Why It Might Be a Good Thing if NBC Cancels 'Hannibal'
The ratings of NBC’s Hannibal are not particularly good for network television, even on a Friday night. Around 3.5 million people tune in each week, and its 1.1 in the 18-49 demo is not exactly inspiring. Still, as Bryan Fuller told Digital Spy, he is “very confident” that the series will be picked up for a third season, and viewers best hope so, not just because we love watching Hannibal but, as Fuller also notes, the second-season finale ends on a cliffhanger. “We end season two in such a strange way - boy, I would be pissed [if that were the end]! We don’t quite land the plane, we leave the plane in the air.”
Fuller notes that the creatives at NBC are fully behind the show, although the ad and sales teams are not so keen on it because it’s not exactly raking in money. But, and here’s the key: Fuller and the Hannibal producers are also shopping it around to other outlets as a Plan B, which is smart if only because NBC is not going to want to lose a show that ends up being popular on Netflix or Amazon, where 3.5 million, the archive of the show’s first two seasons, and the ability to binge-watch it make it a very attractive series, especially with all the critical acclaim behind it.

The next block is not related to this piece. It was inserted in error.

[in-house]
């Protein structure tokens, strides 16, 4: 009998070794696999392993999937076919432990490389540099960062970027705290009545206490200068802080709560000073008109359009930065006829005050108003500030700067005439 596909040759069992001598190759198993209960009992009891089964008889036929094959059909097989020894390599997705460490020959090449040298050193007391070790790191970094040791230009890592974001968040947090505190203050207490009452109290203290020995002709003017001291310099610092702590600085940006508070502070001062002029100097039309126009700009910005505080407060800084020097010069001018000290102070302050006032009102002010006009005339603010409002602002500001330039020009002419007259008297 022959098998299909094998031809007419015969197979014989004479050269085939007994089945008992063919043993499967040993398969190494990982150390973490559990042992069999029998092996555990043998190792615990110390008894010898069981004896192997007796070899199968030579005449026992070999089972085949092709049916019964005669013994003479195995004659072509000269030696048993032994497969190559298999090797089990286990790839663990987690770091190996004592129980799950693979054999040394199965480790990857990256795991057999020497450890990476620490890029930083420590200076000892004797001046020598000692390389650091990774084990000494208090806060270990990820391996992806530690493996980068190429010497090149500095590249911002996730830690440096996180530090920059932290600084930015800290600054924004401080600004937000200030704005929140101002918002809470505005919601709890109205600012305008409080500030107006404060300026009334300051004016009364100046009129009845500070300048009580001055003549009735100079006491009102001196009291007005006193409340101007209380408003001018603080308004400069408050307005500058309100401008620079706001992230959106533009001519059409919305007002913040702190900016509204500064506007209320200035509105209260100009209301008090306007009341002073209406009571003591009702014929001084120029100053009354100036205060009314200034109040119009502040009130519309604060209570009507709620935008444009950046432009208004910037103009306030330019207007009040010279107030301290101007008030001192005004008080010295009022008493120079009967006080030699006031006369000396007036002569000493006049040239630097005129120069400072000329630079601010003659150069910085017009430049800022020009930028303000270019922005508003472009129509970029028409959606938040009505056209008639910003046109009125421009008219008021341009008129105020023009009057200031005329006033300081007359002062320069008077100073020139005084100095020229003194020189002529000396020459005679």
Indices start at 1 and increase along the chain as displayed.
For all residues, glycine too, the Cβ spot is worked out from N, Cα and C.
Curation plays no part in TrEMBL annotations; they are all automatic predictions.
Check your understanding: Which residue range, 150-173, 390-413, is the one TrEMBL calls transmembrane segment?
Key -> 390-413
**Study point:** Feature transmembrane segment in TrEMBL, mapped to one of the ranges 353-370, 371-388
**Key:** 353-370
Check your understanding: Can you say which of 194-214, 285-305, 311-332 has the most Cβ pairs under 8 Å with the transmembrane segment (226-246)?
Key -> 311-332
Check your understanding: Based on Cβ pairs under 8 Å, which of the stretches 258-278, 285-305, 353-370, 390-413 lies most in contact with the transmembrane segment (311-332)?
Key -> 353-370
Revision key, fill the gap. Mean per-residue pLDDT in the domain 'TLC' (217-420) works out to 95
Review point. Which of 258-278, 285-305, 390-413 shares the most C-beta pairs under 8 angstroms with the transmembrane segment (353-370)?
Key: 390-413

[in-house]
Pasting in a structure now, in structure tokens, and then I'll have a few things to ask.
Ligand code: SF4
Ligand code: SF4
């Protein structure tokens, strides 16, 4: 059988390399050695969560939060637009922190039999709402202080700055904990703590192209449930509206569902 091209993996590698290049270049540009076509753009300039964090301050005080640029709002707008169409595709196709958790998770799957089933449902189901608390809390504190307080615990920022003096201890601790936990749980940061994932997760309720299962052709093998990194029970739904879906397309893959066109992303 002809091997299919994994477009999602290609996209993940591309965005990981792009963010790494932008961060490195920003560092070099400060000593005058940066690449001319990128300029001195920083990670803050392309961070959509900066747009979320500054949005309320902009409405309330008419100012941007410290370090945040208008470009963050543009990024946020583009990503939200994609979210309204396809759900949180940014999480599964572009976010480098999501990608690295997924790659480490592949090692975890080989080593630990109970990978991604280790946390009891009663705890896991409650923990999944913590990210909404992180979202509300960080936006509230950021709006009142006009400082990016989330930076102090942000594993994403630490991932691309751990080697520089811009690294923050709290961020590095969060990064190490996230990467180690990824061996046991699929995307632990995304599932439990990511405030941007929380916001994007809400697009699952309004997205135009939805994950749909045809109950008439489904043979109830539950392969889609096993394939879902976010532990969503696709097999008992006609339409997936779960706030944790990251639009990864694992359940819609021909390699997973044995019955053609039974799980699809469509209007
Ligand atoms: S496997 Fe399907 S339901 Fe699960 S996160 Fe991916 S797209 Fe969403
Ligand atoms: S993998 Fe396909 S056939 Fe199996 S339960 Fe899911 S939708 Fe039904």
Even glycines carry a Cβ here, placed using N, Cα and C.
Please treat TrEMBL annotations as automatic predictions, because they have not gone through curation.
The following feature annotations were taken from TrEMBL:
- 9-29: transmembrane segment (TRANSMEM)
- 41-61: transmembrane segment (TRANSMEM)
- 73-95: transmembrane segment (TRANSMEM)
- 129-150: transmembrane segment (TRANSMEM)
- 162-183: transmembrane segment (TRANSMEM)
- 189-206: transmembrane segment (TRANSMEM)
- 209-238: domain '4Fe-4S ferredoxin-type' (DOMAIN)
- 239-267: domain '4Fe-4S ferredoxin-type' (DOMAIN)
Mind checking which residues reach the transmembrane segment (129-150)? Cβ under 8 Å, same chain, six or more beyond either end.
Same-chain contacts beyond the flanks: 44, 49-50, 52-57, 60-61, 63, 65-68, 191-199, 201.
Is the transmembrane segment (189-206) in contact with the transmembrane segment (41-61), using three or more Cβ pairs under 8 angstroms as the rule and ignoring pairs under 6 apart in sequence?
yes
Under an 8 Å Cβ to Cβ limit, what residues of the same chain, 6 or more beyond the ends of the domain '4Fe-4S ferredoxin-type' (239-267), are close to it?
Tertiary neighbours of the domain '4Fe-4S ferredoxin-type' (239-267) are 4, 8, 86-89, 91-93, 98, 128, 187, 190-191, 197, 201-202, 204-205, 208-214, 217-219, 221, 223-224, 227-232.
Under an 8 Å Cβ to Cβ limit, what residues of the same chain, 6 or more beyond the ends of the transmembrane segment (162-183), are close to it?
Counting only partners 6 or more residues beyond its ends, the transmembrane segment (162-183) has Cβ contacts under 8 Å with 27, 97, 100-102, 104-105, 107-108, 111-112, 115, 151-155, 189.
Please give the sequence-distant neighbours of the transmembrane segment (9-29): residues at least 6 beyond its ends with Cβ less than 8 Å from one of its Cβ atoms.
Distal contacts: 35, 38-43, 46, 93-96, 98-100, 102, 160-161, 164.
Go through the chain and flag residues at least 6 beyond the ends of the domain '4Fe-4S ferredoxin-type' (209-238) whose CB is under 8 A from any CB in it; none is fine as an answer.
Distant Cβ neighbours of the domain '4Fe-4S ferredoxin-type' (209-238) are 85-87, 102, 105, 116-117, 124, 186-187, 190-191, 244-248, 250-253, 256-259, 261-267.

But honestly, if Netflix is a seriously viable option, I hope NBC does let it go, because I’d much rather watch the show over a shorter period of time, and in a format that allows the language and nudity to match the level of violence. It’s kind of silly, isn’t it, that the series can show a dead woman being pulled out of a horse’s belly — and all the innards that that entails — but it has to work to ensure that the woman’s nipple isn’t revealed.
So, I say: Go ahead and cancel it NBC. Let Amazon pick it up. Or Netflix. Or AMC. Or even Starz. It’d be a nice hit for any of those outlets, we would get the full benefit of Bryan Fuller’s vision, we could avoid the Friday night broadcasts and the commercial breaks, we could watch it in a more compressed time period, and we wouldn’t have to worry about when it would show up on the primetime schedule again.